OS X has long been labeled the platform for “creatives,” though in recent years it’s finally becoming known for more than that. Adobe’s Creative Suite is generally regarded as the crown-jewel of digital design, and they’re priced to match.
So what if you’re a cash-strapped creative who wants to find some alternatives to Adobe’s popular suite of applications? Here’s a look at several great options that run at a mere fraction of the cost of a Creative Suite package.
Before we begin, we should identify the core applications of the Adobe Creative Suite.
- InDesign – Page and print layout
- Photoshop – Image retouching and alterations
- Illustrator – Vector graphics
- Dreamweaver – Web development editor
- Fireworks – Graphics drawing and web optimization
- Flash – Animated and programmable graphics
- Premiere – Video editing and creation
- After Effects – Motion graphics and modeling
First, the bad news. Adobe Flash is unique and proprietary enough in nature that in my hunt, no Mac alternatives were found. (Microsoft’s Silverlight may be an option, but then again, it’s an entirely different beast.) So I’m sorry to say, this post can’t help if you’ve been looking for a way to skirt the world of Adobe’s Flash editor. Also, for our purposes here, I’ve lumped Photoshop and Fireworks together, as the alternatives generally blur the lines between the two offerings.
I’m more of the Photoshop persuasion, so I’ll begin with viable alternatives for that application.
With a minimalist interface, Acorn handles (as far as I can tell) all of the core functionality that Photoshop provides. Of course, if you’re a regular PS user, you’ll likely run into some limitations. But at only $49 it’s definitely a cheap alternative. (And if you were one of the nearly 90,000 — at the time of this writing — that took part in the Macheist bundle, you snagged it for only $39.)
If you’re looking for a straight-up Mac-like user interface and experience, Pixelmator is the one for you. Shiny and beautiful, it too is a full-featured alternative to Photoshop, who’s layout is very similar too. Again, there are probably some short-comings for Photoshop users, but as I’ve used Pixelmator for a while, they seem to be holding their own quite well. $59 will get you a gorgeous Photoshop alternative.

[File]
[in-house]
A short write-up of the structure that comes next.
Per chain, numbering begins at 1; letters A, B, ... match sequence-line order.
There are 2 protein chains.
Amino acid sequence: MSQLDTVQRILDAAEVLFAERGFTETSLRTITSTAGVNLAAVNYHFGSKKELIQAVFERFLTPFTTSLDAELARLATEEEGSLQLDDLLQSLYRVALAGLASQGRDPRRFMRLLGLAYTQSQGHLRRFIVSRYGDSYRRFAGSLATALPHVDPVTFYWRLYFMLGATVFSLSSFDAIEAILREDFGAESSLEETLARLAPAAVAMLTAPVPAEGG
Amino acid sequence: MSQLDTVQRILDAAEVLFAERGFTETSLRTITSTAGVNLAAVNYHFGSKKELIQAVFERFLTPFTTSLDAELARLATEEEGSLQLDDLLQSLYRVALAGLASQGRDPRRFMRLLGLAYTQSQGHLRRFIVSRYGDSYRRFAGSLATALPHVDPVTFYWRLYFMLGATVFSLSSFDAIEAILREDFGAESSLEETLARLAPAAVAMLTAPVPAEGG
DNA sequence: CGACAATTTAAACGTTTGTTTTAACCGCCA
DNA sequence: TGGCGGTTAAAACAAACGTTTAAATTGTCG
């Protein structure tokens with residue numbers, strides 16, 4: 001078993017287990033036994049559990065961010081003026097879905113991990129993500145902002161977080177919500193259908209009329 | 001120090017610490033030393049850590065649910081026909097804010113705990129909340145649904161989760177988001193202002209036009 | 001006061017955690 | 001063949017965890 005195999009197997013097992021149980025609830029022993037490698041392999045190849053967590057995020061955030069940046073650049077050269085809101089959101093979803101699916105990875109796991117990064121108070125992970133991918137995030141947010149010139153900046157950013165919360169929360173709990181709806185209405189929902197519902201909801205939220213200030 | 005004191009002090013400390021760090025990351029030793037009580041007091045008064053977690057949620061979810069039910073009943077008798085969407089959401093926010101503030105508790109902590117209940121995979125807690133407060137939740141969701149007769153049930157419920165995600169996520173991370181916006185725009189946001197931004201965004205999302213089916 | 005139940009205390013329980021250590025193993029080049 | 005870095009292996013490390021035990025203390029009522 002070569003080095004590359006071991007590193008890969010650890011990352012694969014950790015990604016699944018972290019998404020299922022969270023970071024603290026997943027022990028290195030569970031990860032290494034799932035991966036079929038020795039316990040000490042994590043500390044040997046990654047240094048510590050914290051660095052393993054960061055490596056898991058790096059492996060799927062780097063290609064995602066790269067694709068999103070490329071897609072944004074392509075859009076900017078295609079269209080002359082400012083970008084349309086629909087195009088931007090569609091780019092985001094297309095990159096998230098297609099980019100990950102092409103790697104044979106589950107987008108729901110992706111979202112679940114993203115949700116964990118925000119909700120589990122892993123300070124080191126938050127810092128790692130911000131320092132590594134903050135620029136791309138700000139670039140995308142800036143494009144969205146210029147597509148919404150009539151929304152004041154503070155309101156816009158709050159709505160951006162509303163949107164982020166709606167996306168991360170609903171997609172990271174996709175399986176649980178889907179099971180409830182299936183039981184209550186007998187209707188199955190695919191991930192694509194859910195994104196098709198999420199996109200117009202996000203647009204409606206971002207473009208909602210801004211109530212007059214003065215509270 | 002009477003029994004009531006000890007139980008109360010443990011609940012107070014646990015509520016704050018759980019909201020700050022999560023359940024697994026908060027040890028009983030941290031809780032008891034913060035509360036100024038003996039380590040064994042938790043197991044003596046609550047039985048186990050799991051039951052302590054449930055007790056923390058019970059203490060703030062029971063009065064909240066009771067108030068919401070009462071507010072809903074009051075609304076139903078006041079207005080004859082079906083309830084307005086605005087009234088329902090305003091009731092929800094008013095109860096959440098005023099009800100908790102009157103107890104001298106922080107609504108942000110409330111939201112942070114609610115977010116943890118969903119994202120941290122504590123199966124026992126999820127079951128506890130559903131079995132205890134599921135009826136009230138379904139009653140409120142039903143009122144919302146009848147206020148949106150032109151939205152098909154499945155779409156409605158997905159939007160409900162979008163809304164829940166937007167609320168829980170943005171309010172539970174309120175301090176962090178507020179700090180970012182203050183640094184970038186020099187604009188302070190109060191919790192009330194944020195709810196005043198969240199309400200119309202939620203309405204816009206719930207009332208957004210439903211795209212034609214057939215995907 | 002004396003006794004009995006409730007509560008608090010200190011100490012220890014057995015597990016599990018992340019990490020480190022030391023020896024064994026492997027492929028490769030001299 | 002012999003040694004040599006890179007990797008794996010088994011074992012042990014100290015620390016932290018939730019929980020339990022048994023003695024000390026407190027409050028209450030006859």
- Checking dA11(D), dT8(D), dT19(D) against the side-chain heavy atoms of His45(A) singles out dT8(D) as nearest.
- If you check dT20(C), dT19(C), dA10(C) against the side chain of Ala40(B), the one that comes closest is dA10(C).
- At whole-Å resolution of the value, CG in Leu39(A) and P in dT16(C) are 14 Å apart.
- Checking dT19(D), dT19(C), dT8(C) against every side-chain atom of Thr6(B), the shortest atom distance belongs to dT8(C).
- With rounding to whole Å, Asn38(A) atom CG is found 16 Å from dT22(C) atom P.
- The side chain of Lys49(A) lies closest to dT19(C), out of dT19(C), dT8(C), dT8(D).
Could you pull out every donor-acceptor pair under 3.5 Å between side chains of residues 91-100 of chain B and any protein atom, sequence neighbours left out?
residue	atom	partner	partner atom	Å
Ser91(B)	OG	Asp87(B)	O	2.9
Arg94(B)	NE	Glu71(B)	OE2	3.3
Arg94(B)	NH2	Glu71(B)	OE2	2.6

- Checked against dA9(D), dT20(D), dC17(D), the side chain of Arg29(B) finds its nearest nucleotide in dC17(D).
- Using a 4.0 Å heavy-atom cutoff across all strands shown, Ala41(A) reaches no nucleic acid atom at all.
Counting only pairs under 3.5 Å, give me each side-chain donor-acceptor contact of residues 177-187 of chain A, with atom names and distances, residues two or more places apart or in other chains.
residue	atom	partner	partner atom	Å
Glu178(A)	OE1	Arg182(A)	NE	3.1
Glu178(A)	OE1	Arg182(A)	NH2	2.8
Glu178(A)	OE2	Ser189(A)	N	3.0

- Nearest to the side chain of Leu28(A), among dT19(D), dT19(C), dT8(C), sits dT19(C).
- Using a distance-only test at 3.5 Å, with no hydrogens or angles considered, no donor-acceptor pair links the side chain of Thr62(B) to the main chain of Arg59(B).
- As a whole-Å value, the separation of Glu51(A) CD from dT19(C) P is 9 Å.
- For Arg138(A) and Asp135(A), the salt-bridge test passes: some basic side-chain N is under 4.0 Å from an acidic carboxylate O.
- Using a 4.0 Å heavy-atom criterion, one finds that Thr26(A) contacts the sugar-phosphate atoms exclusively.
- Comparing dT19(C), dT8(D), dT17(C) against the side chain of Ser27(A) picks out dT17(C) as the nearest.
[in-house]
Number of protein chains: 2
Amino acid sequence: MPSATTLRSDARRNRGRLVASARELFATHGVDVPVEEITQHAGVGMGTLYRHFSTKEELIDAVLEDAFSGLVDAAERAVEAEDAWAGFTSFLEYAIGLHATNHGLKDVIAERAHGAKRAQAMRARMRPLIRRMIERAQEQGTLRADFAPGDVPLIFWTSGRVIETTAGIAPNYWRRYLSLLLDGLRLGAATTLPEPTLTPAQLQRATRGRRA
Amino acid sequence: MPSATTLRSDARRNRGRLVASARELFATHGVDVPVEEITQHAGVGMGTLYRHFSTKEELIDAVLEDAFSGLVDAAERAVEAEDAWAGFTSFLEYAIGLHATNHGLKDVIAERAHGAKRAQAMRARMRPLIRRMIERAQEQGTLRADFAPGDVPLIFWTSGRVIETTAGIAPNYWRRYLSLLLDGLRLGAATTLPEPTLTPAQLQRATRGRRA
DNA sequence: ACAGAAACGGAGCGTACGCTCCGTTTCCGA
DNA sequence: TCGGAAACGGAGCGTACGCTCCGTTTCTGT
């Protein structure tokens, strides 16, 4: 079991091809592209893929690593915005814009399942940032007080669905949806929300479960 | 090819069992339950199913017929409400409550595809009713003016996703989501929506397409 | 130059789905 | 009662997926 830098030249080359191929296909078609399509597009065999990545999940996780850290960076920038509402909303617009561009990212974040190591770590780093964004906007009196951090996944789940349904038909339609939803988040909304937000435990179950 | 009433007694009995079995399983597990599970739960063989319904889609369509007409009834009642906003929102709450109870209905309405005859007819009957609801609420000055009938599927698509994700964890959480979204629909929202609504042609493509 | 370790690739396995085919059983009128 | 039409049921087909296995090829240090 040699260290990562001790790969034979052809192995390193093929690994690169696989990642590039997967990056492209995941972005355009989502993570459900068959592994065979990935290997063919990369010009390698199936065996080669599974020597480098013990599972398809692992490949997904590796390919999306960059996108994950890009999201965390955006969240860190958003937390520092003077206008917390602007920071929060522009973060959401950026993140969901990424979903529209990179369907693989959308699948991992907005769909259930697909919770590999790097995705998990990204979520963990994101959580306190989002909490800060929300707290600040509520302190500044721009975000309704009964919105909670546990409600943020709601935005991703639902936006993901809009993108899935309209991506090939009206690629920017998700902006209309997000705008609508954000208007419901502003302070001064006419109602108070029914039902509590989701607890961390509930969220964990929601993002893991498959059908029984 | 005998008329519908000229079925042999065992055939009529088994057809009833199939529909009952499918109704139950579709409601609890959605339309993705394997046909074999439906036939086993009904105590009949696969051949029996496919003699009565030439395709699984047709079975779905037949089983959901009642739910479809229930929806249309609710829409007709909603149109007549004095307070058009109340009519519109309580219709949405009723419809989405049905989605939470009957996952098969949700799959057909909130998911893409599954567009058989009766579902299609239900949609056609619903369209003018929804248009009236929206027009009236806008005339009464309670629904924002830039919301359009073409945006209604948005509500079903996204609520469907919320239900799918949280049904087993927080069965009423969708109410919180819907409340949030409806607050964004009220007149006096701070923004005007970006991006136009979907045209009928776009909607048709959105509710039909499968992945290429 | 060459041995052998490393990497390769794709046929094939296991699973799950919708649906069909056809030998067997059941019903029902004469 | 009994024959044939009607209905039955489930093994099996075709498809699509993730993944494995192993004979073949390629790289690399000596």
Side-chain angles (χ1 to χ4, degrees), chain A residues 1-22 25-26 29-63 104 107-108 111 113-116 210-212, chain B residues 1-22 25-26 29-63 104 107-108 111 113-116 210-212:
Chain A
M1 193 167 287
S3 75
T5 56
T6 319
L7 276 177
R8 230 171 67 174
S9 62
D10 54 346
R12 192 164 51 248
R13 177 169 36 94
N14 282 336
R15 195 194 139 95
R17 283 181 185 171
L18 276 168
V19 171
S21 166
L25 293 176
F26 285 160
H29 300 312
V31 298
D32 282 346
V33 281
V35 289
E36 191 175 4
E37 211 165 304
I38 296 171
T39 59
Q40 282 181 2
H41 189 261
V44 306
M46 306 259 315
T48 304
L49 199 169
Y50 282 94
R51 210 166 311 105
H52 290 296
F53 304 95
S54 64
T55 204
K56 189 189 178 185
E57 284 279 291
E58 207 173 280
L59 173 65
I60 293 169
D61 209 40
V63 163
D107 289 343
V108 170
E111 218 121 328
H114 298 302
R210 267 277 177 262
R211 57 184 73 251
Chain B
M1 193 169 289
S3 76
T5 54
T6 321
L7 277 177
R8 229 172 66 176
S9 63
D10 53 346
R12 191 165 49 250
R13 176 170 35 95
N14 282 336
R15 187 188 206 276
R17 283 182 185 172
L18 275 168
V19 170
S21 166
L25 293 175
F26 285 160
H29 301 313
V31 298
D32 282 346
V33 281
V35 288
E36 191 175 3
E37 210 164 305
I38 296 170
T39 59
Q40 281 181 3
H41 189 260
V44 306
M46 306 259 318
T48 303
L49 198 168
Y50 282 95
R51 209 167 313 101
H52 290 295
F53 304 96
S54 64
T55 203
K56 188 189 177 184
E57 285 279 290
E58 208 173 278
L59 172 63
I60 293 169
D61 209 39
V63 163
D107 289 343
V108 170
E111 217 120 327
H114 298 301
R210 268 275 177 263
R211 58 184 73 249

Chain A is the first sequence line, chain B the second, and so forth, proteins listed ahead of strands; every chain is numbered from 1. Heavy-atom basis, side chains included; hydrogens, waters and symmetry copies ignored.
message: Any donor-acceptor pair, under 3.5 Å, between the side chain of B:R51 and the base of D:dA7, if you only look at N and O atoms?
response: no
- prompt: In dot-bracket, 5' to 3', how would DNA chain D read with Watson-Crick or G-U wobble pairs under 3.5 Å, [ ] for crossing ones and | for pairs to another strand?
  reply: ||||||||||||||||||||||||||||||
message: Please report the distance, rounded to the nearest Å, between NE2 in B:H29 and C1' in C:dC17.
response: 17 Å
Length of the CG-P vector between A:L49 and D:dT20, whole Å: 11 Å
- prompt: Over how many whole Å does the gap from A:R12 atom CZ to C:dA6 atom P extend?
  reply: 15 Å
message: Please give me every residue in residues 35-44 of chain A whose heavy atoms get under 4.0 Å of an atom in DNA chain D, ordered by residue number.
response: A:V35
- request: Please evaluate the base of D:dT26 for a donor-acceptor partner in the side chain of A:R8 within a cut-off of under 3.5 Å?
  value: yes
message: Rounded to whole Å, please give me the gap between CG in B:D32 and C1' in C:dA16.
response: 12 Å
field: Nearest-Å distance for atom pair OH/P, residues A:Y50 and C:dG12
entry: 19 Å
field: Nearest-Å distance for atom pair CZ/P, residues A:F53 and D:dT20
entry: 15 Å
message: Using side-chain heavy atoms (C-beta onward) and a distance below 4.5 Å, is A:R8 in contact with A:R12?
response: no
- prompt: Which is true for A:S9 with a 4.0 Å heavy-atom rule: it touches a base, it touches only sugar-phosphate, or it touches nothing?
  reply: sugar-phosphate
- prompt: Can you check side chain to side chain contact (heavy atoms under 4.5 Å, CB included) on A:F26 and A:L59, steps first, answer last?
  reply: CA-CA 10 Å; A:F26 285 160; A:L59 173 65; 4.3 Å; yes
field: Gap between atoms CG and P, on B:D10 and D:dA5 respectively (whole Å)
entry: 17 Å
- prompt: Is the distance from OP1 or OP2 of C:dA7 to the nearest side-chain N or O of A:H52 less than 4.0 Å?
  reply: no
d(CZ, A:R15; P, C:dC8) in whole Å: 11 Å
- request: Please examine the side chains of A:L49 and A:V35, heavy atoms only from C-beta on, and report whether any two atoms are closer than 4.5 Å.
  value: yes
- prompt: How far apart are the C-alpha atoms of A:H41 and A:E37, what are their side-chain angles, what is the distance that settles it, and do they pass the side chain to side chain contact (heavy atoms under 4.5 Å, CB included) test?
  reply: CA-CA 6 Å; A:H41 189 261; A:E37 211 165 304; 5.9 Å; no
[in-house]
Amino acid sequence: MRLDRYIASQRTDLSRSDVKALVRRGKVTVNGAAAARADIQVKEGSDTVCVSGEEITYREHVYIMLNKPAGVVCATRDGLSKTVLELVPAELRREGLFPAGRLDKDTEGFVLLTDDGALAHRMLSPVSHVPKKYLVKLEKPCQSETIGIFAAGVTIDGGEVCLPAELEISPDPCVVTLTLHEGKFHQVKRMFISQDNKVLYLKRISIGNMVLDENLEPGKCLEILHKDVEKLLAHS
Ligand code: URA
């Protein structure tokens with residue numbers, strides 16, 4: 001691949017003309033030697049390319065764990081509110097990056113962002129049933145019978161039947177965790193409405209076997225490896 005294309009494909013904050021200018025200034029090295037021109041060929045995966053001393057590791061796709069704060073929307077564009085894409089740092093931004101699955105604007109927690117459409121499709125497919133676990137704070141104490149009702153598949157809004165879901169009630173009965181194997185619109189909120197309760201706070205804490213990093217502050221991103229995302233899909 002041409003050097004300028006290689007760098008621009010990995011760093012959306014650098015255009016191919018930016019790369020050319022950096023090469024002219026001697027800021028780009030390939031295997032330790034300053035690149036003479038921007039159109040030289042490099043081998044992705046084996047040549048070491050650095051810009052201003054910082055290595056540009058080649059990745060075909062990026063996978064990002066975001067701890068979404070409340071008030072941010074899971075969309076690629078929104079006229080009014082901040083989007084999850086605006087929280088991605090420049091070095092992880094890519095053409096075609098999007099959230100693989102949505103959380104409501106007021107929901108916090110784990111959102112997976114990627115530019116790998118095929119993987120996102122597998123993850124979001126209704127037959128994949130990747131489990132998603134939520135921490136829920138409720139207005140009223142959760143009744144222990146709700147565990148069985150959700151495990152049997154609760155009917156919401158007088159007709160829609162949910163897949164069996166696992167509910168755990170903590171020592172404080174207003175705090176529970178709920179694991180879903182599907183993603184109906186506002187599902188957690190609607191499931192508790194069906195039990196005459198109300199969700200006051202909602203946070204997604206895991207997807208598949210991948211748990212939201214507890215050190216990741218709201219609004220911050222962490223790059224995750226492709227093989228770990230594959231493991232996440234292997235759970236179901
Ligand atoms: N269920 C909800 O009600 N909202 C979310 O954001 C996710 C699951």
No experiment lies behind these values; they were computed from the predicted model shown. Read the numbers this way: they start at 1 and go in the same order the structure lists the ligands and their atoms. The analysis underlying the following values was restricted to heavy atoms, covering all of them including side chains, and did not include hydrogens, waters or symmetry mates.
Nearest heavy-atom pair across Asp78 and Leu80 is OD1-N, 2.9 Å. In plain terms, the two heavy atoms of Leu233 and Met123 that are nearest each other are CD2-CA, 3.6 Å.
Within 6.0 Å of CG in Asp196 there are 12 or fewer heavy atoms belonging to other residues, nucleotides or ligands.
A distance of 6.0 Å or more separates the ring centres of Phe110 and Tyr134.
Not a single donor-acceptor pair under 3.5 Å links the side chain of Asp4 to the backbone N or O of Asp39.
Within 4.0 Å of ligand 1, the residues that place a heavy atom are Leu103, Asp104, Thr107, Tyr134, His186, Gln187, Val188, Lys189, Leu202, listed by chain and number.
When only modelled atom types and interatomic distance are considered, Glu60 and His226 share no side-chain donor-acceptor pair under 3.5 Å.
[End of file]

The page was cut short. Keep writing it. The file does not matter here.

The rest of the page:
Standing for Gnu Image Manipulation Program, GIMP is a longtime offering that originated on Linux. It’s been ported to OS X, and runs wonderfully. The interface is different enough from Photoshop that it may take a bit of getting used to if you’re well-versed in the latter, but it’s still quite powerful and feature rich. Best of all, GIMP is free!
Vector based art is wicked cool, and those who are good with the tools can create incredible work with Adobe Illustrator. Happily, there are several options which are much more feasible from a cost perspective.
- Intaglio by Purgatory Design
I haven’t used Intaglio, but the feature list looks impressive. The user interface appears to be on par with our high Mac standards as well. Priced at $89, it may seem a bit steep, but there’s a free trial to try before you buy.
- DrawIt by Bohemian Coding
This is the first I heard about DrawIt, and I’m really impressed. Very full-featured, and a lovely UI to boot. And at only $38, this app looks to be a real steal if you’re looking to get into Vector graphics.
- Vector Designer by Tweakersoft
I’ve used Vector Designer for a while now, and like it a lot. It’s got a very familiar interface, integrating the OS X media browser and iSight camera as well. At $69.95 it’s not the cheapest, but a great tool with a free trial.
- Lineform by Freeverse
The Freeverse folks put out some great software, and Lineform is no departure from that tradition. I love Lineform. It’s simple yet powerful at the same time…much like yours truly… Anyway. It’s typically $79.95, but for a limited time only, use lineform30 at checkout and get it for only $49.95!
An open-source project, Inkscape can hang with the rest. It is a Unix-based application, so it will require X11 to run in the Mac environment. That’s not a deal breaker, but it’s also not a typically fun to use interface, if you’re into that sort of thing. But it is free, if you’re into that sort of thing.